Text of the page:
NHL makes play for lucrative China market

Source:AFP Published: 2017/9/15 23:43:39

Hockey League eyeing interest in Winter Games to kick-start sport

The NHL wants to jump on a surge in interest in winter sports in China ahead of the 2022 Beijing Olympic Winter Games and perhaps one day rival the huge popularity of the NBA in the country.

Los Angeles Kings play the Vancouver Canucks next week in Shanghai and Beijing in preseason games, the first NHL matches to take place in China.

The National Hockey League is making a play to ramp up the number of fans outside North America, and China, where rising incomes mean more spare money to discover new sports and hobbies, is central to that drive.

"There's no question that we're not as popular as for example soccer and basketball [in China]," said David Proper, executive vice president of media and international strategy for the NHL.

"But we're seeing a lot of growth, particularly since the 2022 Winter Olympics were awarded to Beijing, and the government has pressed for 300 million people to be involved in the Winter Olympics, and we've seen the growth of hockey as a result."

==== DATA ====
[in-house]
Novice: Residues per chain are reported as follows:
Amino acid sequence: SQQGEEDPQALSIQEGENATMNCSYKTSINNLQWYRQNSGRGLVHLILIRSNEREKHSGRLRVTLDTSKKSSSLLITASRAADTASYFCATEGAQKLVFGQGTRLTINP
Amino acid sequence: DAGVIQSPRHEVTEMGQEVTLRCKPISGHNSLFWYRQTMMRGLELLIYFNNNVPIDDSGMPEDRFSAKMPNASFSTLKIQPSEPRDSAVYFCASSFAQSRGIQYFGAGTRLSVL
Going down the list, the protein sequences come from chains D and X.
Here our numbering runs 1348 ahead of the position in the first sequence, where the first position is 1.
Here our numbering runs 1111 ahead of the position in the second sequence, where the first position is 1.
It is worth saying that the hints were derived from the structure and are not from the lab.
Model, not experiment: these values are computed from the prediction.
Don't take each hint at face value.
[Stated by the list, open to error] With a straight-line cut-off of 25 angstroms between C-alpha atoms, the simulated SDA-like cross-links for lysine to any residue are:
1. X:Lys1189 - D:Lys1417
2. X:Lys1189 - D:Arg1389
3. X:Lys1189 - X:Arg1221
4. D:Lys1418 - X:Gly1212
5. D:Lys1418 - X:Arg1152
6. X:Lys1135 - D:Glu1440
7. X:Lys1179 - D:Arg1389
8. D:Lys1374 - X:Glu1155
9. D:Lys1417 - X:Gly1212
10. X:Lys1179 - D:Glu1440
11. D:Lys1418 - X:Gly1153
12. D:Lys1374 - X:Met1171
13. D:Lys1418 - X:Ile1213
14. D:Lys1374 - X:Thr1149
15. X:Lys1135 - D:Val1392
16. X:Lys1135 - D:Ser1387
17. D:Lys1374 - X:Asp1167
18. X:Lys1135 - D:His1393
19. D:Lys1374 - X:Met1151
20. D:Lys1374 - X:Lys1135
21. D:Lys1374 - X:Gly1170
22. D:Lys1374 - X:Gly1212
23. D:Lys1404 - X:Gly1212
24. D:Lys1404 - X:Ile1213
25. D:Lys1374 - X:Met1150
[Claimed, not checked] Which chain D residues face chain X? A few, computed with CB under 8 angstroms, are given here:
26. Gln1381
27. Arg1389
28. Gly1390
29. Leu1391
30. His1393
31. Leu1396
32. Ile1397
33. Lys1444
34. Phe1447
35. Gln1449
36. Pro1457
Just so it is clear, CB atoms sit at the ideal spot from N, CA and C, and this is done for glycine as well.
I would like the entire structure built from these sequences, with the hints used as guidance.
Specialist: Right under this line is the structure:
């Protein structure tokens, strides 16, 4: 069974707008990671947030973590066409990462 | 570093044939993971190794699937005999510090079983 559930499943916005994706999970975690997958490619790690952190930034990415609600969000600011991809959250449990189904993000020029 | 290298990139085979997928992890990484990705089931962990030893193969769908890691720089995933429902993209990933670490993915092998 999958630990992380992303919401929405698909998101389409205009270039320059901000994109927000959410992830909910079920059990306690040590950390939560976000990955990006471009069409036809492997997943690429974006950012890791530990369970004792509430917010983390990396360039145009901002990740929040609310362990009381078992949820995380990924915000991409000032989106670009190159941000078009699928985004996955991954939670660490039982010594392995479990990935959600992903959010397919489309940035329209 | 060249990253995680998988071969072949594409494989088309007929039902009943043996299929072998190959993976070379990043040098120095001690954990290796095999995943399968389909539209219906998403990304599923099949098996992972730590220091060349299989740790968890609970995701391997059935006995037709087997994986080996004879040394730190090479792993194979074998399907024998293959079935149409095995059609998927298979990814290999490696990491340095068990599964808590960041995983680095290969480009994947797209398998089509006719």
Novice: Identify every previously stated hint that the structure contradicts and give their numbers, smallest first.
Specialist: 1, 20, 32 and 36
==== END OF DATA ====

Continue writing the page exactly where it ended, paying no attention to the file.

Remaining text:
The number of NHL fans in China is hard to gauge accurately, but anecdotally very few Chinese have an interest in or knowledge of the sport.

For many, their first taste of ice hockey comes when they visit North America.

Proper and the NHL are under no illusions, but they are ambitious and believe that promotional events such as the games on Thursday in Shanghai and two days later in Beijing will be the start of something big.

"What the NBA has done is a really great display of growing a game in China," he said.

"We talk to them quite a bit and we've gotten the benefit of their expertise in terms of some of their strategies.

"If we can one day emulate the NBA's popularity, that would be a wonderful thing for us."

However, unlike basketball, where just a ball and a hoop are required, hockey needs more extensive - and expensive - equipment.

Proper says that China's economic growth - it has the second-biggest economy after the US - is key if the NHL is to gain a foothold in the world's most populous country.

"The economic development in China is probably uniquely beneficial to hockey, because one of the things that we need more in China is an infrastructure built for hockey," he said.

"Rinks, equipment, things of that nature - those are investments that any country needs to make.

"When you're trying to grow the game, that's one of the key barriers you need to overcome, and having the economic development that's going on in China - and frankly the incredible growth of the sports economy - has given us an opportunity to grow that we wouldn't normally have without that kind of infrastructure built."

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